April 20, 2011

The Robert Wood Johnson Foundation in collaboration with the University of Wisconsin’s Health Institute, have released the second annual report of health rankings for U.S. counties, providing a snapshot of local health conditions. The rankings are determined on a model of population health that emphasizes individual health behaviors, education and jobs, quality of health care, and the environment.  According to the 2011 County Health Rankings report for Maryland the top five healthiest counties are as follows:

  1. Howard
  2. Montgomery
  3. Frederick
  4. Queen Anne’s
  5. Carroll

“Last Day” Issues Wrap Up

April 12, 2011

As reported yesterday by MACo, a number of issues with county effect remained in play prior to the midnight deadline for the General Assembly session.  Below is an overview of how each of those bills ultimately played out:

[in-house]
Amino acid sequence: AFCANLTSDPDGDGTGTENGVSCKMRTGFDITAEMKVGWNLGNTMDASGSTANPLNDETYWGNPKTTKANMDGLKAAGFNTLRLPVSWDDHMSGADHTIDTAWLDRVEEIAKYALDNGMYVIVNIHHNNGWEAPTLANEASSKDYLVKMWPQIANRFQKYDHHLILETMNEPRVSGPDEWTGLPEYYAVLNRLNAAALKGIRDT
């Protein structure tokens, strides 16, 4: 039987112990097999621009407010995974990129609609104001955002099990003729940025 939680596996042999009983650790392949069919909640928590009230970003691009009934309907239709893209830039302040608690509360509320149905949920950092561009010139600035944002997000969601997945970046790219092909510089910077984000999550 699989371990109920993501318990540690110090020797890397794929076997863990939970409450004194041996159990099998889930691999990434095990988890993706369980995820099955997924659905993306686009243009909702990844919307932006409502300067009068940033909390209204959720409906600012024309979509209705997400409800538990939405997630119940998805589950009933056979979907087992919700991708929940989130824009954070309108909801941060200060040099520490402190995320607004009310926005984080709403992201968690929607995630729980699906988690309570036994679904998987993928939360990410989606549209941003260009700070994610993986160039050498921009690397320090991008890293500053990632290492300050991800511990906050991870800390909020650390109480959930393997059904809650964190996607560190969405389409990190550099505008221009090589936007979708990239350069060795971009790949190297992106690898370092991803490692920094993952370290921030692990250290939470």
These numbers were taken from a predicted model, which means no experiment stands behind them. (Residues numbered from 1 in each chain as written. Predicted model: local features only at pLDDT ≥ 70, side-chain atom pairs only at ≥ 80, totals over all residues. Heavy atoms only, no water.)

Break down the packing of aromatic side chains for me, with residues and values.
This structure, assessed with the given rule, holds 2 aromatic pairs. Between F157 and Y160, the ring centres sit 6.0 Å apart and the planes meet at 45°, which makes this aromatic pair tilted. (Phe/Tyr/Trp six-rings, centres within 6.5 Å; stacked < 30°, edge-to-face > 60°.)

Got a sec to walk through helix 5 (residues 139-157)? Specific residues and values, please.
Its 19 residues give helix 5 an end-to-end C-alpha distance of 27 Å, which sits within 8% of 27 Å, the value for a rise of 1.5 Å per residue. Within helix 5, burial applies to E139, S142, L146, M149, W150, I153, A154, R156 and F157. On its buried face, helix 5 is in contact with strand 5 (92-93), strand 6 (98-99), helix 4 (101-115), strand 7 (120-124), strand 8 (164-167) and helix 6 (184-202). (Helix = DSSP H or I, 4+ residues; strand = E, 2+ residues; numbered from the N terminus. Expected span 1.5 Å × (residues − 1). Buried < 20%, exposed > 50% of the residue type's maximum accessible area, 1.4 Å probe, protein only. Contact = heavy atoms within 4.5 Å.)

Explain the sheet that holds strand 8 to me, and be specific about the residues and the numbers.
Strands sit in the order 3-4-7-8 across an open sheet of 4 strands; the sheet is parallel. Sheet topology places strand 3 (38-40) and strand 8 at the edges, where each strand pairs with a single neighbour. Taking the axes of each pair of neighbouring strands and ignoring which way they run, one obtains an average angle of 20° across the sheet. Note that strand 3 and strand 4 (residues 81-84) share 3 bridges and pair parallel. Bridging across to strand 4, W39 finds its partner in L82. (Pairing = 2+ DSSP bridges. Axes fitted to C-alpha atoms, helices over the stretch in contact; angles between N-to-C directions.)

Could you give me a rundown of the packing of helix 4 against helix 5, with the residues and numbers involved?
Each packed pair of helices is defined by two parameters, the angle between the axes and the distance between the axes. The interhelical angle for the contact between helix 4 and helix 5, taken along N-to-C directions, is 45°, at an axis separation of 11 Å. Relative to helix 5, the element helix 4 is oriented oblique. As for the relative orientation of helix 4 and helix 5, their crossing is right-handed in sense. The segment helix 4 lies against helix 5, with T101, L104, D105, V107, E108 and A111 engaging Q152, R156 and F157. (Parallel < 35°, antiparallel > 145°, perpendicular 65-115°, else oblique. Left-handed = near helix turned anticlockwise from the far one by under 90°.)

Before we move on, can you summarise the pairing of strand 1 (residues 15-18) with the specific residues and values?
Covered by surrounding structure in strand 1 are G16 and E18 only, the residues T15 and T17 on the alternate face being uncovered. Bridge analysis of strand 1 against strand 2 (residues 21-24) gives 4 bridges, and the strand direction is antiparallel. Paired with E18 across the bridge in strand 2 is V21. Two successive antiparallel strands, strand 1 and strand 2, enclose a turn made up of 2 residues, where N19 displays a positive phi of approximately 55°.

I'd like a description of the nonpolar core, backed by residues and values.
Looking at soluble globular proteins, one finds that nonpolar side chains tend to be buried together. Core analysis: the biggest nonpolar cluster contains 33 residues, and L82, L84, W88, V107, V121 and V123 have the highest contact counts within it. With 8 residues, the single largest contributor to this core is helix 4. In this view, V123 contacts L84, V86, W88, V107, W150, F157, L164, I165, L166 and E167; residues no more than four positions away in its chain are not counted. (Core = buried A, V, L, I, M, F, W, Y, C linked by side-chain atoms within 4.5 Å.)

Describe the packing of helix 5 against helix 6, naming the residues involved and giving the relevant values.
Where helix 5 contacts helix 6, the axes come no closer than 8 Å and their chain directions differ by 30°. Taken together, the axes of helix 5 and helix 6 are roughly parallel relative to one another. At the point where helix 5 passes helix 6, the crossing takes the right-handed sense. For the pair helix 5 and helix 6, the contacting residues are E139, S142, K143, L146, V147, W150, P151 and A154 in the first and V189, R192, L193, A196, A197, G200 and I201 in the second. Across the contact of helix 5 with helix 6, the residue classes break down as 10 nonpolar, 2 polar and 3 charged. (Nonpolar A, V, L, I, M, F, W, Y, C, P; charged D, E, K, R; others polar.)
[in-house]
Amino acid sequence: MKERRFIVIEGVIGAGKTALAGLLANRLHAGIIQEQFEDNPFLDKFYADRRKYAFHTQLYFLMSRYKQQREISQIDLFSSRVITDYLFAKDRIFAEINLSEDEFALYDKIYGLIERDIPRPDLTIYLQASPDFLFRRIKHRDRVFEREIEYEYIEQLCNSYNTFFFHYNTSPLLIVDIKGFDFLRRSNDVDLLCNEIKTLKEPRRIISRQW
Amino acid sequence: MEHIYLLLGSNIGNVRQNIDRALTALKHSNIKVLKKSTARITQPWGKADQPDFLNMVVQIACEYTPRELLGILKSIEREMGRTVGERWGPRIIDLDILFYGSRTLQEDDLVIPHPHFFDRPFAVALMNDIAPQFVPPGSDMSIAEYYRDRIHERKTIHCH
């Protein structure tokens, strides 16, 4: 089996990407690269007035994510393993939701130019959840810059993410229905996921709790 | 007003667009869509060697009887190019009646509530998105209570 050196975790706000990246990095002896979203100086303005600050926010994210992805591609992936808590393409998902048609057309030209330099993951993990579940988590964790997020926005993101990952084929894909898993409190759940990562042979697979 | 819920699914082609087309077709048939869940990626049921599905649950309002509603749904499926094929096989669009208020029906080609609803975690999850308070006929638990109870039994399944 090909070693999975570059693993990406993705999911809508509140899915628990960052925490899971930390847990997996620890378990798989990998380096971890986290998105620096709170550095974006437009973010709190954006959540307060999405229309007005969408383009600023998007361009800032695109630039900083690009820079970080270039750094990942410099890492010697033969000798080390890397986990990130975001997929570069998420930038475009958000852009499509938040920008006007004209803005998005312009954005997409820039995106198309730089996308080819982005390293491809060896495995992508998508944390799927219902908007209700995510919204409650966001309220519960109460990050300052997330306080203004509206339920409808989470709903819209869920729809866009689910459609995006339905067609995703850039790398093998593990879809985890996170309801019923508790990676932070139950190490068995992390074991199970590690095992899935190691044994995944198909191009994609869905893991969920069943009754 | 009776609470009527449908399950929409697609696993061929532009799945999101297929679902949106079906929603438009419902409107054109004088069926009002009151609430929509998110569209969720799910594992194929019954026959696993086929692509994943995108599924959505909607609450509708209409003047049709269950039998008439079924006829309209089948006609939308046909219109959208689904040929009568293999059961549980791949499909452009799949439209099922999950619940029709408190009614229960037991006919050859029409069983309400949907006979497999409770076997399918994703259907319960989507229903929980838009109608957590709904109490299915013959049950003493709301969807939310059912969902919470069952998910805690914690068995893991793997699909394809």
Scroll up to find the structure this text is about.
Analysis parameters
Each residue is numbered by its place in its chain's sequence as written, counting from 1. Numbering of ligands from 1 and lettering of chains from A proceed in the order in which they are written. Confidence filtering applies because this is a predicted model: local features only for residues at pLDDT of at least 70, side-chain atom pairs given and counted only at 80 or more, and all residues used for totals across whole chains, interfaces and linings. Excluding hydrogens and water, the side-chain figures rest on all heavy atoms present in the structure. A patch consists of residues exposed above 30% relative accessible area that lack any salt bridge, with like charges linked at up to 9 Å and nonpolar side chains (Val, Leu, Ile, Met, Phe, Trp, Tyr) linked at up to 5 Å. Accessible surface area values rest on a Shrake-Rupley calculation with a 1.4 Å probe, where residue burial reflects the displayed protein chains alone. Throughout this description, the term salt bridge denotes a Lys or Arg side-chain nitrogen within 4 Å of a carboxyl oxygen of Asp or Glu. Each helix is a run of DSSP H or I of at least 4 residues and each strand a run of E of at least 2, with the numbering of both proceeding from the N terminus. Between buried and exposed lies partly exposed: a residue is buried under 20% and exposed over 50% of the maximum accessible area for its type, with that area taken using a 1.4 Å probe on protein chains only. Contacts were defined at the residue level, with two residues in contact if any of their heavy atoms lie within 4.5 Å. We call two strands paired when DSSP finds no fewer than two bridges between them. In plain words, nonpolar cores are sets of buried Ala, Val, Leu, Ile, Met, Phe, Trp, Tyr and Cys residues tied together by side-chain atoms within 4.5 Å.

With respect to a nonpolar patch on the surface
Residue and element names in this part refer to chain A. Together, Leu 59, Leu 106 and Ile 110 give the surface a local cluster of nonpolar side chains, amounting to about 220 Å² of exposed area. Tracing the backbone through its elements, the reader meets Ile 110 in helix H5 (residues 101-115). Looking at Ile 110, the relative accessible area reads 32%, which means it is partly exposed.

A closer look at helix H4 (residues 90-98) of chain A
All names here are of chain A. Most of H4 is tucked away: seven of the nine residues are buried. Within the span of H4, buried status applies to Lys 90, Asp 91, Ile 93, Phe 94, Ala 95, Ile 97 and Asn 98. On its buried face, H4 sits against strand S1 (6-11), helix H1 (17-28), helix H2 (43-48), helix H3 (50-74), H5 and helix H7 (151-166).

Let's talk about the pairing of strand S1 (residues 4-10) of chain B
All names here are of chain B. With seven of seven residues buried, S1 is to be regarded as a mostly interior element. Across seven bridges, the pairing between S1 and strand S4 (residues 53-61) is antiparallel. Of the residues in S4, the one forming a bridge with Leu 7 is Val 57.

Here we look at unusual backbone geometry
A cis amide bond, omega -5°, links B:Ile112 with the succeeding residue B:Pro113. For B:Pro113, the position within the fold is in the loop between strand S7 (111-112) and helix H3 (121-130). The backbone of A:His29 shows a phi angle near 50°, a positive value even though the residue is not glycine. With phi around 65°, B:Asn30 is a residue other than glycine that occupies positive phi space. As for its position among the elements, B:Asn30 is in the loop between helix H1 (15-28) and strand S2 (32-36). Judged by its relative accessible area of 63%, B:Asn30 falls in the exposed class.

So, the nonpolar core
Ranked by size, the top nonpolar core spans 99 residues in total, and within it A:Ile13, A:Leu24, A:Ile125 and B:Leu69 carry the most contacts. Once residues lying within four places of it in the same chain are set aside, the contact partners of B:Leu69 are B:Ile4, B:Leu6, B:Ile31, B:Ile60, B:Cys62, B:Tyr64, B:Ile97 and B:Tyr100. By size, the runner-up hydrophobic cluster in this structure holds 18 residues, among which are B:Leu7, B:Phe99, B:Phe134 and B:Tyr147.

Maintenance of Effort – As reported yesterday, three bills were awaiting  final action. MACo supported HB 44 and SB 53 as a legislative initiative, to expand and balance the process for considering county MOE waiver requests —and both bills stalled in the Senate Budget and Taxation Committee. Status:  The bill that passed, HB 869,  delays the “penalty” for any county missing MOE but denied its waiver – withholding funds in the subsequent year, rather than the immediate year. The bill will become effective June 1, 2011.

Semiannual Payment Schedule for Business PropertyHB 463, was amended by the Senate to apply to businesses with property taxes that do not exceed $100,000.  The House concurred with the amendments and the bill passed and will become effective October 1 and will apply to all taxable years beginning June 30, 2012.

Ambulance Service Providers and Assignment of Benefits SB 154, which would require health insurers to reimburse an ambulance provider (must be owned, operated, or under the jurisdiction of a political subdivision or a volunteer fire company or rescue squad) directly for covered services passed both chambers.